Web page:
SPRINGFIELD- Disclaimer: There will be no major spoilers in the body of this review. Any plot points discussed are either known before the beginning of the movie or come up early on in the film.
Whenever I sit down to write something that will eventually be read by a larger audience than myself, I tend to sit and think for a bit about what information is going to be written and where in the story it fits best. This is the standard for just about any profession that involves any amount of writing.
Disney, the multi-billion dollar media conglomerate that is bordering on monopoly, apparently did not get that memo.
I recall in 2012, sitting in a high school classroom when someone in the class announced that another “Star Wars” trilogy would be coming out in the next decade. This prompted audible groans from those with the relatively fresh memories (myself included) of the mediocre-at-best prequel trilogy that had hit theaters around a decade earlier.
In a movie theater in Springfield on Sunday morning, I made the exact same groaning sound multiple times in a two-and-a-half hour span.
“Star Wars: The Rise of Skywalker” disappointed me in ways that I was not expecting when I walked into the theater, and that feeling was felt immediately upon the iconic title crawl.
The first piece of information you are given in the movie is that Emperor Palpatine, who was last seen plummeting to the depths of a space station that was nuked minutes later, is apparently alive.
Considering that this is a movie about space wizards, planet killers, and faster-than-light travel, one would think a bit of suspension of disbelief would be in order, but the previous two “Star Wars” movies took away that option. There was no buildup, no hints, no small pieces of dialogue that indicated in any way that The Emperor was still alive in the previous movies.
By that metric alone, it is clear to me that neither Disney nor those whom they hired to film the movies had an overarching plan for how the trilogy was going to go before they made it. The culmination of this mistake is right in your face from the beginning to the end of the film.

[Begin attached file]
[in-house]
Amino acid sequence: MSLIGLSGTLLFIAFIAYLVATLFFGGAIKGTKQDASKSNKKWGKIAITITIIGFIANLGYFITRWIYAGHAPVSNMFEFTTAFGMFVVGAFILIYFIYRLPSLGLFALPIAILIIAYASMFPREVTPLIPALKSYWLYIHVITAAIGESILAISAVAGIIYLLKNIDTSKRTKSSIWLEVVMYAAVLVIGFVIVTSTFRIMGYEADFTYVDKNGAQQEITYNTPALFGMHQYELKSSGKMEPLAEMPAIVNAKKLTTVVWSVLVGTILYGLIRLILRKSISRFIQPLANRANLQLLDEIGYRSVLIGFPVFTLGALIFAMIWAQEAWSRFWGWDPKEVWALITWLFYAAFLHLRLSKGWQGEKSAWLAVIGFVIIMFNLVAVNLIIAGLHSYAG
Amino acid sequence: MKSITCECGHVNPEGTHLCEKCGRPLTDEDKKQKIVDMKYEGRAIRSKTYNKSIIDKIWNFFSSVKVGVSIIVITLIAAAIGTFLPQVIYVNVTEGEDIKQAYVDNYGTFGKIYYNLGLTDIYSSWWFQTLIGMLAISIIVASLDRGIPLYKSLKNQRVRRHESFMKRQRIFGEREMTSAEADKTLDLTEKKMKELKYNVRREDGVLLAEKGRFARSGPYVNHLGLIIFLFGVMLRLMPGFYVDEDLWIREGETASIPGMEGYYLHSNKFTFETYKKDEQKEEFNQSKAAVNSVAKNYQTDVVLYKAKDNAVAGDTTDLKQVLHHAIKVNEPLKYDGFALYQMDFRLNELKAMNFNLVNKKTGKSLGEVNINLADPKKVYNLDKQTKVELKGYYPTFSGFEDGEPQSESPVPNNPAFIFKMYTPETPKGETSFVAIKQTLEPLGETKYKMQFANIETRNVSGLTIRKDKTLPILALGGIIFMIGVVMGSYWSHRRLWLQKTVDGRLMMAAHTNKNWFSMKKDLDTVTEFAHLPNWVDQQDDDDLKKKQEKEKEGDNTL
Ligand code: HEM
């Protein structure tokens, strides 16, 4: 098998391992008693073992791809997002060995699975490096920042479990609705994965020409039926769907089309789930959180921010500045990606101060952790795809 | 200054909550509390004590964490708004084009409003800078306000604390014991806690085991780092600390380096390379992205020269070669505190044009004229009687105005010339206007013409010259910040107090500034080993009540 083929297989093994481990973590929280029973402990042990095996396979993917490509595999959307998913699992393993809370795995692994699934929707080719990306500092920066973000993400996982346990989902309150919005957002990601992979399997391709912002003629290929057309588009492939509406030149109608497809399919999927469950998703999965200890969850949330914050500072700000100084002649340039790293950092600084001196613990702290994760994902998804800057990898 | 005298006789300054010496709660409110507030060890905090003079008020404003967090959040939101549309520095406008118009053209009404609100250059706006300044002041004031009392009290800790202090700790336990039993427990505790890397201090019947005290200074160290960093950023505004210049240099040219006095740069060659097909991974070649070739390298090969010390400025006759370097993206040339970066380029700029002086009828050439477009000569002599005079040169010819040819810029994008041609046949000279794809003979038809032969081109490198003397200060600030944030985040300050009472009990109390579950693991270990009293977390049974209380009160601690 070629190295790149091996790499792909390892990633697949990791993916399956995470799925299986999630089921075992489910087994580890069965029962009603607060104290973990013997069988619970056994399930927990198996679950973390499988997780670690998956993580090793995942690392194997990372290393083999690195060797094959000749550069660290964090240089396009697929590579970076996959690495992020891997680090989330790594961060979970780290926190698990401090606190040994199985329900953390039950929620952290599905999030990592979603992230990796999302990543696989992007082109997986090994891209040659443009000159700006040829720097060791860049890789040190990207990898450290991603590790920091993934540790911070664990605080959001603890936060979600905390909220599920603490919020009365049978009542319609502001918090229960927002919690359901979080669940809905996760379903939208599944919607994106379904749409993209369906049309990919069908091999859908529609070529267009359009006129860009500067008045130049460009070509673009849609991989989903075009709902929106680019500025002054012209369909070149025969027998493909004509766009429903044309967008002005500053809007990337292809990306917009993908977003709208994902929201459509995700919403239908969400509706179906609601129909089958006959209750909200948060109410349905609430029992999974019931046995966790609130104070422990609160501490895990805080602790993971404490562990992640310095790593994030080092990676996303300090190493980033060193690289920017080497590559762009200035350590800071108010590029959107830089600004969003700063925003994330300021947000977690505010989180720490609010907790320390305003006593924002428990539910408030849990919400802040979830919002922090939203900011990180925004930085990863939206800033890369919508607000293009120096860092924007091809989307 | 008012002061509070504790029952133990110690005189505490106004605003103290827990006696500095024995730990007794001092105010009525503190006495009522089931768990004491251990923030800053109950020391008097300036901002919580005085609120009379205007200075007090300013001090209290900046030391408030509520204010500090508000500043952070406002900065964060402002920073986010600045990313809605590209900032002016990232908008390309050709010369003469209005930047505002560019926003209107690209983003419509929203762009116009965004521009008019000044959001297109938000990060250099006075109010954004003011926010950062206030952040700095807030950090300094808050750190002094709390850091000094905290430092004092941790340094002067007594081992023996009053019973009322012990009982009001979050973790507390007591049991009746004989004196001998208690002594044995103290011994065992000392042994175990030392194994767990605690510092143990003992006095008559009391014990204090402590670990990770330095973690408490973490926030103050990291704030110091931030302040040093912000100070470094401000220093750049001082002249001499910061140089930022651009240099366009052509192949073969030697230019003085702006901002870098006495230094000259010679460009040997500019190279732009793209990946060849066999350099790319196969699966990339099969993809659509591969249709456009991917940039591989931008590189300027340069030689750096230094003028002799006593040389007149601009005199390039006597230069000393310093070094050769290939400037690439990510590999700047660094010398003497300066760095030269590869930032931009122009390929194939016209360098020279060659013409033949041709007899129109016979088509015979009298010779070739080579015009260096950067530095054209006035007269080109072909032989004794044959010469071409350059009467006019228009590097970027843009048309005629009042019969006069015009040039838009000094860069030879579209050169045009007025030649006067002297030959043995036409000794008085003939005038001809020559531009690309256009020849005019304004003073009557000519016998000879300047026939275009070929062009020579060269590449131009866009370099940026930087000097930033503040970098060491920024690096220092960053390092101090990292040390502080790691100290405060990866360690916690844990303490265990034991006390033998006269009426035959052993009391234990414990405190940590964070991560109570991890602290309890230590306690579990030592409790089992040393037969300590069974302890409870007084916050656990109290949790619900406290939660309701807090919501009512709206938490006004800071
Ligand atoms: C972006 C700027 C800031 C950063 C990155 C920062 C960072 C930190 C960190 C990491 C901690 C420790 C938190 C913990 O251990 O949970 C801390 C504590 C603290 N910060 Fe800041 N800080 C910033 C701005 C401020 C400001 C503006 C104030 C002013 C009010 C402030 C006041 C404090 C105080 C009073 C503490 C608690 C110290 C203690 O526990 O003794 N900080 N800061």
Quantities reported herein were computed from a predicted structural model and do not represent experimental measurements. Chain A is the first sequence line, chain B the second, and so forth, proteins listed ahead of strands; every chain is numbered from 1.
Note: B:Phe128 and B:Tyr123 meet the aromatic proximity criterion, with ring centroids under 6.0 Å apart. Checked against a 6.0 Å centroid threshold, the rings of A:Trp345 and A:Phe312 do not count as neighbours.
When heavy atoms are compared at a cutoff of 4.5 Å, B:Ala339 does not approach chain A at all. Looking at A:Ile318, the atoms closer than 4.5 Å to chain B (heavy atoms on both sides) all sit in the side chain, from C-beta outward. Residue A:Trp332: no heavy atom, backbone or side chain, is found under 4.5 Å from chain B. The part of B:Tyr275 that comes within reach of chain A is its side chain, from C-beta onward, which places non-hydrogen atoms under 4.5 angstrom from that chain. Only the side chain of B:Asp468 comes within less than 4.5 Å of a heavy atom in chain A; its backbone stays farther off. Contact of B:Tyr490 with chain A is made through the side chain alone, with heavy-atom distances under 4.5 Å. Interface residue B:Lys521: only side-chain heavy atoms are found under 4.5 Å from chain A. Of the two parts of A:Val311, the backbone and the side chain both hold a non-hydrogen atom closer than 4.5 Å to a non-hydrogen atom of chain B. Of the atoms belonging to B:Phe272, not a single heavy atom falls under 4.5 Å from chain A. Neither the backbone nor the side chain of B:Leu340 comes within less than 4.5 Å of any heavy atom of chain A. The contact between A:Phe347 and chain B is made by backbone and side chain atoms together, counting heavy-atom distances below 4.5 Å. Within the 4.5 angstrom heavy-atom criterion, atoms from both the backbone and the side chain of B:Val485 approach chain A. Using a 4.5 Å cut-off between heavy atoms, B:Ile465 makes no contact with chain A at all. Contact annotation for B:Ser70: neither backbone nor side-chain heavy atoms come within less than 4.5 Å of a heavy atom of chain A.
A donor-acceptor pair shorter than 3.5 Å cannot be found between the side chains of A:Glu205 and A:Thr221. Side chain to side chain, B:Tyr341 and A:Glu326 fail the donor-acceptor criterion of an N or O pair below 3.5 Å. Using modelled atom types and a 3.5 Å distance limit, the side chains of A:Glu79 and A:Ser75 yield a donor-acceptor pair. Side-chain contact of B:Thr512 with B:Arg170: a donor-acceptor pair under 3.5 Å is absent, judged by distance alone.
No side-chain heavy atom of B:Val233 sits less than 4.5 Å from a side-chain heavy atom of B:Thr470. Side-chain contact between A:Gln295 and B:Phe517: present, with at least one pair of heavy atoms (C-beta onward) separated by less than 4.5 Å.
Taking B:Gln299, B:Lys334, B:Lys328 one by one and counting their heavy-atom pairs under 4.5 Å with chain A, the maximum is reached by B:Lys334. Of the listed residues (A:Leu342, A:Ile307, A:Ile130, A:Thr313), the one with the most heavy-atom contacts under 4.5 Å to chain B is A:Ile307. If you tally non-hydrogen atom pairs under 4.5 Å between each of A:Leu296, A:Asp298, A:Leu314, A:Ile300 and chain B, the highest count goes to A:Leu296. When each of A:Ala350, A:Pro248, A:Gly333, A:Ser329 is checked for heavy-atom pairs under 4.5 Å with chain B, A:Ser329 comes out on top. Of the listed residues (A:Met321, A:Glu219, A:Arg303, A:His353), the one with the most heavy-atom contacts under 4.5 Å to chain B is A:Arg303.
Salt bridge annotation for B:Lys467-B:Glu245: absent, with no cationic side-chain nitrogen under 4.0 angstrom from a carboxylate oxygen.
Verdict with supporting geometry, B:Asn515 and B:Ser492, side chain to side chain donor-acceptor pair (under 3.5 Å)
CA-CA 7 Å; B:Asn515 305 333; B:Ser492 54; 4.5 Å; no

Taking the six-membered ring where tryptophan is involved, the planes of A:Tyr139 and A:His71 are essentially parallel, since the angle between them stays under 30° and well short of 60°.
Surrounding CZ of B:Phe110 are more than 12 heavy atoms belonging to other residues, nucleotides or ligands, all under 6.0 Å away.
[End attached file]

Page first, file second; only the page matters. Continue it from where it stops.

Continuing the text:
J.J. Abrams can be a fantastic director, as even “The Force Awakens” was a decent enough film in a vacuum. However, there is very little he could have done to save a franchise for which there was no plan.
This movie seemed like it was either Abrams’ or Disney’s desire to cram as much fanservice and storytelling as they could into a single movie. Between the lines of dialogue that were literally copied and pasted from some of the older films for no reason and the random one-off interactions between characters that had little to no relevance to the story or eachother, I found it hard to really enjoy the movie as a “Star War”s film.
Of course, it is not the worst film I have ever sat through, and it is not even the worst “Star Wars” movie I have seen (“Attack of the Clones,” for the curious) but it seems like Disney’s resources and budget were wasted on this trilogy after seeing how it concludes.
That being said, it would be unfair to not say what I did like about the movie.
Every single “Star War”s movie, if nothing else, can lay claim to having one of the best musical scores in the business. John Williams set the golden standard in 1977 and that standard has aged gracefully, even in “The Rise of Skywalker”.
Carrie Fisher’s sendoff as Leia got me seriously emotional, even though it was placed in an odd way in the film. That can be forgiven in my opinion though due to Fisher’s untimely death a few years ago.
Finally, the ending I found satisfying enough, considering what lead up to it. That opinion is certainly controversial based on conversations with others who have seen the film, as there was serious groaning and eye rolling in response to one scene at the end (you will know it when you see it).
The ending though can only be considered satisfying if that is truly the end of the Skywalker saga on the big screen. I do believe that, through nine films, several TV shows, and many video games, it is time for the Skywalker story to be retired for good. The franchise has the benefit of having a massive amount of lore behind it beyond the 60 year period in which the films take place that can and should be explored.
That being said, I find it difficult to trust Disney to not screw it up in the name of money.
My overall score for the film: 5 out of 10.